OCR for page R4
BioDiversity This page intentionally left blank.
OCR for page R5
BioDiversity EDITOR’S FOREWORD The diversity of life forms, so numerous that we have yet to identify most of them, is the greatest wonder of this planet. The biosphere is an intricate tapestry of interwoven life forms. Even the seemingly desolate arctic tundra is sustained by a complex interaction of many species of plants and animals, including the rich arrays of symbiotic lichens. The book before you offers an overall view of this biological diversity and carries the urgent warning that we are rapidly altering and destroying the environments that have fostered the diversity of life forms for more than a billion years. The source of the book is the National Forum on BioDiversity, held in Washington, D.C., on September 21–24, 1986, under the auspices of the National Academy of Sciences and Smithsonian Institution. The forum was notable for its large size and immediately perceived impact on the public. It featured more than 60 leading biologists, economists, agricultural experts, philosophers, representatives of assistance and lending agencies, and other professionals. The lectures and panels were regularly attended by hundreds of people, many of whom participated in the discussions, and various aspects of the forum were reported widely in the press. On the final evening, a panel of six of the participants conducted a teleconference downlinked to an estimated audience of 5,000 to 10,000 at over 100 sites, most of them hosted by Sigma Xi chapters at universities and colleges in the United States and Canada. The forum coincided with a noticeable rise in interest, among scientists and portions of the public, in matters related to biodiversity and the problems of international conservation. I believe that this increased attention, which was evident by 1980 and had steadily picked up momentum by the time of the forum, can be ascribed to two more or less independent developments. The first was the accumulation of enough data on deforestation, species extinction, and tropical biology to bring global problems into sharper focus and warrant broader public exposure. It is no coincidence that 1986 was also the year that the Society for Conservation Biology was founded. The second development was the growing awareness of the close linkage between the conservation of biodiversity and economic development. In the United States and other industrial countries, the two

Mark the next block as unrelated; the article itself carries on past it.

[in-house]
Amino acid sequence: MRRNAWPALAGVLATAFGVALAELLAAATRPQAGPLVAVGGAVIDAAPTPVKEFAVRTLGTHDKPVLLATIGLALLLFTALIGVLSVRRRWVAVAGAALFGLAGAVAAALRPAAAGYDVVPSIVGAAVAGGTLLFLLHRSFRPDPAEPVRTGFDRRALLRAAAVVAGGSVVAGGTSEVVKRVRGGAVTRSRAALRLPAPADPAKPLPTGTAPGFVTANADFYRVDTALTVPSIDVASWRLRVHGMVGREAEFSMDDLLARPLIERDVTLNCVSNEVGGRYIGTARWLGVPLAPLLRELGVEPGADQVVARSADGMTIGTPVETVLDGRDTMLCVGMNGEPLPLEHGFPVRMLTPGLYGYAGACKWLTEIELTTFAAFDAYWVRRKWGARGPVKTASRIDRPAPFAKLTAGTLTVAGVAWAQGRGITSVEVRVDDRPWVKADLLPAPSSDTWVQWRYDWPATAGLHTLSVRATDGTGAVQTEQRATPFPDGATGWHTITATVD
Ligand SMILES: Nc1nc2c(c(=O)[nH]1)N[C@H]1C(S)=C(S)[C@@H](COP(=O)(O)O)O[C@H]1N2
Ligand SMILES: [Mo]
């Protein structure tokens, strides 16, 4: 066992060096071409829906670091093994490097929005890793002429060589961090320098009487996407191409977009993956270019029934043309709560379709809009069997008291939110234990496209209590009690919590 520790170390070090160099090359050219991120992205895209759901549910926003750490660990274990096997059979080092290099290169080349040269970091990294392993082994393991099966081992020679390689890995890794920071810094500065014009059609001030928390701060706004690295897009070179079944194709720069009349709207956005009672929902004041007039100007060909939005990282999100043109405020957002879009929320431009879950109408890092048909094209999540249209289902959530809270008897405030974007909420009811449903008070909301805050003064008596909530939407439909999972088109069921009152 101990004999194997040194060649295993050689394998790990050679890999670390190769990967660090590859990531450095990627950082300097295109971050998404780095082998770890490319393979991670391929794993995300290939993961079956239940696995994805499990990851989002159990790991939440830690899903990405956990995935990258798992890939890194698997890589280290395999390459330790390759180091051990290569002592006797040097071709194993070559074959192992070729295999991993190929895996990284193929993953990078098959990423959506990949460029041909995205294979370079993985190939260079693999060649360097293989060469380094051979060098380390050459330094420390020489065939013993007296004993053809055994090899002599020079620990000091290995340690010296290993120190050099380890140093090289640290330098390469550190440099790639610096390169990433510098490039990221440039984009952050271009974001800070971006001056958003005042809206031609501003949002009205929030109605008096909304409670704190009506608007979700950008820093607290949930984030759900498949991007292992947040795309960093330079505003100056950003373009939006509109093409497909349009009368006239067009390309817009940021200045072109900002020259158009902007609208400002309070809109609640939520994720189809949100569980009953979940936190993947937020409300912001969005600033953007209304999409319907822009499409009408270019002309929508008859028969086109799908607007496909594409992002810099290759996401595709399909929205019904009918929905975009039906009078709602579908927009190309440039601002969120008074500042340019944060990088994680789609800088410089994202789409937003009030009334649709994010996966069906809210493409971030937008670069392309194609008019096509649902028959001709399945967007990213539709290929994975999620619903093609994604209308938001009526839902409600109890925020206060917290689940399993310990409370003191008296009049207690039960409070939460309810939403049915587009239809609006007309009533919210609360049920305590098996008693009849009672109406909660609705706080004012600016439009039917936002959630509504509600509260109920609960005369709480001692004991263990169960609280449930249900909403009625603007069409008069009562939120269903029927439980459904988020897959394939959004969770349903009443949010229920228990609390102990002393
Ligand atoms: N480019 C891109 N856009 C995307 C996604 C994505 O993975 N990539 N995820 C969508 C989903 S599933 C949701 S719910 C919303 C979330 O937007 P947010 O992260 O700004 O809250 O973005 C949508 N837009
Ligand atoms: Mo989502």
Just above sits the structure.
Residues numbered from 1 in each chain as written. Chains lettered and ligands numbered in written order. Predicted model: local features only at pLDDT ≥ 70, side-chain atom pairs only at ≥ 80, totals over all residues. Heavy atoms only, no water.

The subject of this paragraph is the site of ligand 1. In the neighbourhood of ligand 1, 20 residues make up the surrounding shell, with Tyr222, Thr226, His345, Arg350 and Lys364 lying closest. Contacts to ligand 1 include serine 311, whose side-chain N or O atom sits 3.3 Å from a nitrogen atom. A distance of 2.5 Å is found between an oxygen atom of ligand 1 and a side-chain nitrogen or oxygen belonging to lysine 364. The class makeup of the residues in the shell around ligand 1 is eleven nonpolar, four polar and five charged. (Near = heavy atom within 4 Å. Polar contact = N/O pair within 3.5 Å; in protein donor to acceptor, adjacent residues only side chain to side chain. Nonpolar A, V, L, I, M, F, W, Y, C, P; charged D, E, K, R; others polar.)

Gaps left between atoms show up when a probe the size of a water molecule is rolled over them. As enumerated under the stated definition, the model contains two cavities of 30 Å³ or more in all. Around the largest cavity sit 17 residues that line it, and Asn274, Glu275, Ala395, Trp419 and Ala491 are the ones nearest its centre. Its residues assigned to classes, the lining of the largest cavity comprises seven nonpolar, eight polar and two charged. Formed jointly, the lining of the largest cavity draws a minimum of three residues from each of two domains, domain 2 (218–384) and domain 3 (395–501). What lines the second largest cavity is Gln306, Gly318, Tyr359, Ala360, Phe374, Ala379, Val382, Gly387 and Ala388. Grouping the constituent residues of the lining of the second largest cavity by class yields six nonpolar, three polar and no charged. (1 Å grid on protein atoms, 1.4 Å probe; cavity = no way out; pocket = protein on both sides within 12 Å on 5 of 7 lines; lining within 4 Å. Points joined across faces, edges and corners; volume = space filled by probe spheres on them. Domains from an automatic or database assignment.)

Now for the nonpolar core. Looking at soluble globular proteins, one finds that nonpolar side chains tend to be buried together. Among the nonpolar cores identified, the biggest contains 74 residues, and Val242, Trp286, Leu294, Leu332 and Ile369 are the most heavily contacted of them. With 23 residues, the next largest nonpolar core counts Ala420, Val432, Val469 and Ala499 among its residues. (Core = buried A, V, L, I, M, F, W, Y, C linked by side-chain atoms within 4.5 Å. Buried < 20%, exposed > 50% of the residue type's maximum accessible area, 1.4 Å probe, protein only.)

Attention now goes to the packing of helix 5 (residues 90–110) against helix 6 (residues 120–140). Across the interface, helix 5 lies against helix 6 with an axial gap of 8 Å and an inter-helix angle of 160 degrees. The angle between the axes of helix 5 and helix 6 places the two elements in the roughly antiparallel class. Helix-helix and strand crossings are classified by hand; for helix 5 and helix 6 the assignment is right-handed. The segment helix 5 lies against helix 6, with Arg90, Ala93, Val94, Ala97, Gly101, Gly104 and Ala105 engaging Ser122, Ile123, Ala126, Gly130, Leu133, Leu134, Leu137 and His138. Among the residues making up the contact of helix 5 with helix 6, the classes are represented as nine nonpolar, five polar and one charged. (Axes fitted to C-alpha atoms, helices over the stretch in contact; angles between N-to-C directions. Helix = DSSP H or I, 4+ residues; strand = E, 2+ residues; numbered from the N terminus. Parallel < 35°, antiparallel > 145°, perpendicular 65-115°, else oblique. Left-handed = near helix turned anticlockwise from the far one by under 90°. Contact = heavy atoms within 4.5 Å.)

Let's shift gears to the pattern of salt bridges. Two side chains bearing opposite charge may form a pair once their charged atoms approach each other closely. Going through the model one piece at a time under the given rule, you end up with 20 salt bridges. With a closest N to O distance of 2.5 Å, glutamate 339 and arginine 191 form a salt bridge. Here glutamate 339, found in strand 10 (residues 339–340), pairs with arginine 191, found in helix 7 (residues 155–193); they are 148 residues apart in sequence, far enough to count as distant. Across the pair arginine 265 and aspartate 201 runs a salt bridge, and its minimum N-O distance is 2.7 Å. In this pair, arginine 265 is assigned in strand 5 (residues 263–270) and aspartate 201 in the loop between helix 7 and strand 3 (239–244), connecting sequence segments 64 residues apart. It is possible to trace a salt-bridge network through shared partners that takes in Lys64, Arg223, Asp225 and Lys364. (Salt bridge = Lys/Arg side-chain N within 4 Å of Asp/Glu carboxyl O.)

OCR for page R6